Do you try to cure the common cold by using the best nose tissues money can buy? Of course not. Though tissues help with symptoms, to avoid a cold, you have to go after the root cause: exposure to the flu virus.
In the same way, when dealing with problems related to money, the root cause is more important than the symptoms of financial dysfunction. However, the biggest issue with a root cause is that while it may sound simple and basic, addressing it can be very difficult.
If you’re looking to get things going in a positive direction again, consider these two main reasons why you’re in debt and the following suggestions to help you dig yourself out of trouble.
Not Enough Income
I know, I know…doesn’t it seem like personal finance bloggers constantly preach that you should spend less? Well, cutting spending isn’t always the cure. Often, the reason for surmounting debt is low cash flow – simply not making enough money. If you’re in danger of defaulting on a loan or not being able to put food on the table, you and your family may be increasing debt each month just to meet basic needs: home, food, gas, and minimum credit card payments.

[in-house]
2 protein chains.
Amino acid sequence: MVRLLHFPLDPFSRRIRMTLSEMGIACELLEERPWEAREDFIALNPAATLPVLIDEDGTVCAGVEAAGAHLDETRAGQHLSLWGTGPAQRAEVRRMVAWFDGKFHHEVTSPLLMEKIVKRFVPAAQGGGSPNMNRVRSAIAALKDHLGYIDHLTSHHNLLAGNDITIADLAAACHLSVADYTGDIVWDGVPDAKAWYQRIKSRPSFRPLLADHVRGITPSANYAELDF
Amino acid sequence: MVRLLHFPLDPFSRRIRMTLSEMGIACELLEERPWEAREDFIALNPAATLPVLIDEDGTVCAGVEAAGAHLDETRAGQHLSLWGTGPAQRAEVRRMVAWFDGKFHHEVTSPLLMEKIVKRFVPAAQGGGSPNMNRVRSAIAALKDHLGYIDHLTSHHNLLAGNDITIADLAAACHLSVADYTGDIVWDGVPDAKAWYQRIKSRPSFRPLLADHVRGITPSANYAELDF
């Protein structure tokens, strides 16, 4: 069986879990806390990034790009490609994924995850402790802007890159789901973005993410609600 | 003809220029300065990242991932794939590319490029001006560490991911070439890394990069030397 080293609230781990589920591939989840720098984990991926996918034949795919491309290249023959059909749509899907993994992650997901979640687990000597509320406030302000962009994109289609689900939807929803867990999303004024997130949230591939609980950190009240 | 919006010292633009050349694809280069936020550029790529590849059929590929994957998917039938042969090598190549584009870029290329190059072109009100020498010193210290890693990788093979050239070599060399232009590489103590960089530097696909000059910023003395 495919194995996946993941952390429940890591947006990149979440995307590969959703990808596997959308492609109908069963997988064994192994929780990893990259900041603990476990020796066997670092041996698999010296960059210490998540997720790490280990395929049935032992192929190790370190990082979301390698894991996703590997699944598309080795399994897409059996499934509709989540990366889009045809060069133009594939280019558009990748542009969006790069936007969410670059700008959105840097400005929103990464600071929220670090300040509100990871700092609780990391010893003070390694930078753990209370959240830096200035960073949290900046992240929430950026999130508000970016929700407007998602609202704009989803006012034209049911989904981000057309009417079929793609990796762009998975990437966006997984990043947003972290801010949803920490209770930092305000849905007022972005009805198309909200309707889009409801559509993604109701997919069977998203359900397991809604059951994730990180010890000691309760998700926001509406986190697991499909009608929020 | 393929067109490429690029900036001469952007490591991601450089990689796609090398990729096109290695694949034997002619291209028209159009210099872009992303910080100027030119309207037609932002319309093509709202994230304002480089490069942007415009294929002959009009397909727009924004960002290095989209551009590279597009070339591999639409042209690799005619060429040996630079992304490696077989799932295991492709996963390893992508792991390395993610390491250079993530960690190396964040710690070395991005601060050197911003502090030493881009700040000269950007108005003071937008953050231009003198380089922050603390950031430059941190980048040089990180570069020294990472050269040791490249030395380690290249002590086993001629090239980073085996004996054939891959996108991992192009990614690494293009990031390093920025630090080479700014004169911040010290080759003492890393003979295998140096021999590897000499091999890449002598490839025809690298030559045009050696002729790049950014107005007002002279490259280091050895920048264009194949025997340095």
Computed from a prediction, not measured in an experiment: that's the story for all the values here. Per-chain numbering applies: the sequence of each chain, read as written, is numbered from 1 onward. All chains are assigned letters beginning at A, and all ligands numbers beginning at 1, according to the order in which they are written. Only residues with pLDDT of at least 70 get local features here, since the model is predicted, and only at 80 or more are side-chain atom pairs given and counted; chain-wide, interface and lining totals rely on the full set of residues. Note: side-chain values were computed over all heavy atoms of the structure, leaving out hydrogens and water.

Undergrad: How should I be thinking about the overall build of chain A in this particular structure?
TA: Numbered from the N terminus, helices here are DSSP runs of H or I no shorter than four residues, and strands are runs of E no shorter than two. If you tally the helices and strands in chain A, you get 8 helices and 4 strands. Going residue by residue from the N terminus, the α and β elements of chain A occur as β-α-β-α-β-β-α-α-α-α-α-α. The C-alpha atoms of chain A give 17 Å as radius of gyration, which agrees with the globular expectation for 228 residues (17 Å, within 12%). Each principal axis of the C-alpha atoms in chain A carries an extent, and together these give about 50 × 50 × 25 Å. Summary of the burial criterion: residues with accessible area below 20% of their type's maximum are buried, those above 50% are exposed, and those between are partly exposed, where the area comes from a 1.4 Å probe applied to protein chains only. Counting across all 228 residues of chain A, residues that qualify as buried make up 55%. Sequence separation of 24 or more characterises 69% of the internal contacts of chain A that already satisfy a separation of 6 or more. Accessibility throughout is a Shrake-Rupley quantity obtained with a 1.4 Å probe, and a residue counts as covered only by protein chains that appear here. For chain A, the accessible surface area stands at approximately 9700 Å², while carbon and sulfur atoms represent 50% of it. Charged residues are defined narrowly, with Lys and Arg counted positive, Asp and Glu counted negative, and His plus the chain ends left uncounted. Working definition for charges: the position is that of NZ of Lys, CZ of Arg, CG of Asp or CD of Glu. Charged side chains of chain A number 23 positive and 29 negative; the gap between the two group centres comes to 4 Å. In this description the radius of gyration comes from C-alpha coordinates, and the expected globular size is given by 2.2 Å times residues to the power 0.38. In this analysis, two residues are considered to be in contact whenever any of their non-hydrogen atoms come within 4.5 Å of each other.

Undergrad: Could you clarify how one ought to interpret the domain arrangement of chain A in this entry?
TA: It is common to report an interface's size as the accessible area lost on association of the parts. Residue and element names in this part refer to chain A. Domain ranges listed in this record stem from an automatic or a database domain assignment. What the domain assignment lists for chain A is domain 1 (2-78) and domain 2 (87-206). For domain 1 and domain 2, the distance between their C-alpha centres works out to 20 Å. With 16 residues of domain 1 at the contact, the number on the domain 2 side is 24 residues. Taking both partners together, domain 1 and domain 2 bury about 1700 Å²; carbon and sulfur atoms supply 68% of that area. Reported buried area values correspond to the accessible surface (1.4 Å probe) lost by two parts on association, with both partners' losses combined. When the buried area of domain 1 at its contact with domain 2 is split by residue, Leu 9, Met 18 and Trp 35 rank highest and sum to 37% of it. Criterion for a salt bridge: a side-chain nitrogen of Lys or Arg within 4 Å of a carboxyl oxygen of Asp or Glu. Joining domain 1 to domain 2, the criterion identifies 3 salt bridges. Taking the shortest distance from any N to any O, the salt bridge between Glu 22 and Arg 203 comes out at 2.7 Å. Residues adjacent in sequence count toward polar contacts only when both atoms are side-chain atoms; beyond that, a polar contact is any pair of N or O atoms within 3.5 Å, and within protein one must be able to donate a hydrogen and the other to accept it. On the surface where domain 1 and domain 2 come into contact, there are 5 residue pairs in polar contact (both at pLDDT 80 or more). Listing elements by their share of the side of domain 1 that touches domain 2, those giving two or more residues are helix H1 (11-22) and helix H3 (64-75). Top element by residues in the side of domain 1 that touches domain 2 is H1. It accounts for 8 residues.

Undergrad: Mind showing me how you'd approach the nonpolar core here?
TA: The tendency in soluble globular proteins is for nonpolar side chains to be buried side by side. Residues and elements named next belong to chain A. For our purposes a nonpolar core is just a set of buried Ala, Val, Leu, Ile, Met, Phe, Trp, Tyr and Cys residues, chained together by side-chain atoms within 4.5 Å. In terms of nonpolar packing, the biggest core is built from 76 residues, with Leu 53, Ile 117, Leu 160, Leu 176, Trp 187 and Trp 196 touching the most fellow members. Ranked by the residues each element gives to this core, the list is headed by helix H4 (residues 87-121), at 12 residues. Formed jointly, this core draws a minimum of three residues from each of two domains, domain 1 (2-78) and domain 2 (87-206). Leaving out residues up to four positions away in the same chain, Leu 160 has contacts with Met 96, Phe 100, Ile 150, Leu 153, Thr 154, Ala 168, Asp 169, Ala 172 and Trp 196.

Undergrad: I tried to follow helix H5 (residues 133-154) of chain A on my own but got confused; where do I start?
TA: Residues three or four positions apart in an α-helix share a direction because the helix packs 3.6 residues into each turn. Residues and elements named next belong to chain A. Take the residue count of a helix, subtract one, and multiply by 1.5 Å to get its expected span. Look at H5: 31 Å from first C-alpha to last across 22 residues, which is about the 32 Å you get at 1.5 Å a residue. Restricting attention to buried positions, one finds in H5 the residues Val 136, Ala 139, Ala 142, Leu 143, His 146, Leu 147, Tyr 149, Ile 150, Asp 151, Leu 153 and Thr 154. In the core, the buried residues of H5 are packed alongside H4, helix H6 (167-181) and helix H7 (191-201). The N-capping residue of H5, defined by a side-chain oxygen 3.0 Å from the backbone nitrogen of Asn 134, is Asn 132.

Your solution, as challenging as it sounds, is to increase income. Read these strategies for success, and a few cautions to look out for too.
1. Ask for a Raise
Many times, the best solution is the simplest solution. If you’re looking for more cash, the first place to look is your current job. Assuming that you work hard for a company in a growing industry, get up the nerve to talk with your supervisor and ask for a raise. You might not think you have a great chance of getting approved, but if you’re serious about increasing your cash flow, you can’t afford to leave any stone unturned.